Reservoir Fracture Network Characterization Using LWD Resistivity Images in Extended-Reach Wells | Schlumberger
Tech Paper
Location
Middle East, Qatar, Asia
Byline
Sharon Finlay, Maersk Oil Qatar; Noureddine Bounoua, Qatar Petroleum; Farzad Irani, John Rasmus, Chuck Fulton, Stephanie Chow Yuk Ha, and Laura Pontarelli, Schlumberger
Society
IPTC
Paper Number
17655
Presentation Date
2014
Products Used
Premium

Improvements in Reservoir Fracture Network Characterization Using High-Resolution LWD Resistivity Images in Extended-Reach Wells Under High-Stick/Slip Conditions

Abstract

Middle East carbonates frequently are heterogeneous in nature, encompassing variable pore types, strong diagenetic overprints, variable wettability and fracture networks among other effects. Resistivity borehole images have long been an integral constituent to understanding their complexity and unlocking volumes. High resolution LWD resistivity images were first introduced in the 1990s, however as downhole environments became progressively more challenging, resistivity images suffered from the dynamic acquisition environment resulting in severely degraded images.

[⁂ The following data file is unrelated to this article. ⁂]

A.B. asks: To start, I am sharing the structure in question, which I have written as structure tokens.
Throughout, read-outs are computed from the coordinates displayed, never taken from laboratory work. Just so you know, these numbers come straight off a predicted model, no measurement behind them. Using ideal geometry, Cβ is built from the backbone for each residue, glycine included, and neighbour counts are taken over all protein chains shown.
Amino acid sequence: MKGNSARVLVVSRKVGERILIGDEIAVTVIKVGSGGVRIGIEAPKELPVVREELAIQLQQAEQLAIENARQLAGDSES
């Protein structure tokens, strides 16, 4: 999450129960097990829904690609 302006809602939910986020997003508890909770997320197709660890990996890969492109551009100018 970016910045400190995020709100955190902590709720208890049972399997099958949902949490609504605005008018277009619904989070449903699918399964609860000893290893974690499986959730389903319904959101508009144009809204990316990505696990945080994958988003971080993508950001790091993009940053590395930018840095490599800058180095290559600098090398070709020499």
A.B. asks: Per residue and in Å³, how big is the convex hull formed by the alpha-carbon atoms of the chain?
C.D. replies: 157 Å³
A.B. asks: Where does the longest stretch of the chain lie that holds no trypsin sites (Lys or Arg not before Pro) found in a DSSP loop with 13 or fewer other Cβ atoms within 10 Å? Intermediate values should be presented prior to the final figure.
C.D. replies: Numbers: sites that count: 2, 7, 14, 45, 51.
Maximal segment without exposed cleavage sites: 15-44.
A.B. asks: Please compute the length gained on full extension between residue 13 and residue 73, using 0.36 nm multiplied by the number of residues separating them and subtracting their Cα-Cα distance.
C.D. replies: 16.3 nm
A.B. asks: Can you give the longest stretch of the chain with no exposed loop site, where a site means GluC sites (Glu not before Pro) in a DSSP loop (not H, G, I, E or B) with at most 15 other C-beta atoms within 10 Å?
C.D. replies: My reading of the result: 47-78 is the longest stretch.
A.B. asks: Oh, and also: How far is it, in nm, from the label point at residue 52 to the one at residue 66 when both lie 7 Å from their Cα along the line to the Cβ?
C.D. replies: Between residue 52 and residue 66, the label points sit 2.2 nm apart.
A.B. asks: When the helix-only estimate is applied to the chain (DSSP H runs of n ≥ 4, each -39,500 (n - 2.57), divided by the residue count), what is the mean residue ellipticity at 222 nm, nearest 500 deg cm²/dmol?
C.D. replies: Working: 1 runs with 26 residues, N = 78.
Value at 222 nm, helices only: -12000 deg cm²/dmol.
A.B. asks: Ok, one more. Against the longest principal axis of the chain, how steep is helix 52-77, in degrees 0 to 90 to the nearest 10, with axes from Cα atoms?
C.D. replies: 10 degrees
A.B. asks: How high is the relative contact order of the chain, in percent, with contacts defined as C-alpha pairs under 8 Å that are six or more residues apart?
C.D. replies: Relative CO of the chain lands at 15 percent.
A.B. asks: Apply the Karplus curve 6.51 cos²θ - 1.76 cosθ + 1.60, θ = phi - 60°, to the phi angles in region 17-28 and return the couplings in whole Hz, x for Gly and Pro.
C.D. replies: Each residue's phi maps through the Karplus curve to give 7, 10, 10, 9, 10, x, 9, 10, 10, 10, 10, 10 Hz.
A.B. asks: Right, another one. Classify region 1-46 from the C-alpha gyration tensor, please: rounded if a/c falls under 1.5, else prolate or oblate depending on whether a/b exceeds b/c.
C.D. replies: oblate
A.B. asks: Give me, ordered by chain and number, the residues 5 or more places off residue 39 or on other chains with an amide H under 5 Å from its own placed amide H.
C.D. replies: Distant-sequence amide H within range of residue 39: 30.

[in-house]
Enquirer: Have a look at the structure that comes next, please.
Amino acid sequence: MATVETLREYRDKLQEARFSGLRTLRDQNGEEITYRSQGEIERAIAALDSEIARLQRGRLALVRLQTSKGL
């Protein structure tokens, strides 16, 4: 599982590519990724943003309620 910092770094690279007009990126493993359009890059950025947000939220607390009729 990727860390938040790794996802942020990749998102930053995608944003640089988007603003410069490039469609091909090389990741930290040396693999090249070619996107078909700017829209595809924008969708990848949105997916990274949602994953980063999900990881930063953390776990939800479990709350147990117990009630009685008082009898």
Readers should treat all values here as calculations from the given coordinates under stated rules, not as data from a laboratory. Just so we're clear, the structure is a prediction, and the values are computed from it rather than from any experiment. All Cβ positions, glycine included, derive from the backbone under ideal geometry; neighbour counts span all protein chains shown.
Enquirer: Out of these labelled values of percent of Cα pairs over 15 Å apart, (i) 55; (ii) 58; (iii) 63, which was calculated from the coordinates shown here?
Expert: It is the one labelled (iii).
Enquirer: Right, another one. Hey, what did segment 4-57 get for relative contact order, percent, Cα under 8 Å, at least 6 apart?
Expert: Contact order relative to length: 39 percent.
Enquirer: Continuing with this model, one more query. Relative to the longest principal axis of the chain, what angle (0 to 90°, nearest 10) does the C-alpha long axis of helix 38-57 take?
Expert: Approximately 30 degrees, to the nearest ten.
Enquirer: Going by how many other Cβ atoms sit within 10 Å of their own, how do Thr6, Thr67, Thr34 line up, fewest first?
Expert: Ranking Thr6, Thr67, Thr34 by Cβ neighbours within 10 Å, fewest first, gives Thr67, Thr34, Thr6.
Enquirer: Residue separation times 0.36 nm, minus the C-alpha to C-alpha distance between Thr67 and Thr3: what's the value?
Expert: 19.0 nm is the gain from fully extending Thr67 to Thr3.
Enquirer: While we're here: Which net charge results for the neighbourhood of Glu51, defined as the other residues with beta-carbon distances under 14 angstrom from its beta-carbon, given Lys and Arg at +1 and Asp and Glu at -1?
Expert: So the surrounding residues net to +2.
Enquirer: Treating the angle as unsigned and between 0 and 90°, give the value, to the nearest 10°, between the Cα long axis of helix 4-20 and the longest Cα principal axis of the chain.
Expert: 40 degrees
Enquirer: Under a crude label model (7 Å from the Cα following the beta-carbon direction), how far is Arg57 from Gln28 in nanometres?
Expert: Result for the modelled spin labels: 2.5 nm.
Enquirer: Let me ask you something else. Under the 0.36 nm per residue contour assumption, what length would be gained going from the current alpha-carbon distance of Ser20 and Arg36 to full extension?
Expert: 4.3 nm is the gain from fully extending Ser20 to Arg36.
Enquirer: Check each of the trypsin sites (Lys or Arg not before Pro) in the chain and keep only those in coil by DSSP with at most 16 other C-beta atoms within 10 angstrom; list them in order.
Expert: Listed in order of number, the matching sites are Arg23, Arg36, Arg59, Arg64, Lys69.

The Al Shaheen field has been developed with Extended Reach Drilling (ERD) wells, and wells of 30,000 feet are commonplace. Early LWD resistivity image data suffered from excessive stick and slip, with approximately half of the wellbore suffering from poor quality image data, degrading with depth. The outer portion of the wellbore is prohibitive to impossible to access via conventional drill pipe conveyed tools, resulting in an absolute requirement for high quality LWD resistivity images.

The new methodology redefines the acquisition and processing methodology, resulting in images unaffected by stick slip with a 100% success rate in the most challenging of ERD environments.

This paper illustrates the improvements in logging while drilling images (LWD) and subsequent fracture network characterization as a result of implementing a new image acquisition strategy and processing algorithm. The paper explores the close collaboration necessary to drive the innovation to dramatically enhance existing technology, and demonstrates the results with comparisons of the LWD images using the old and new methodologies.

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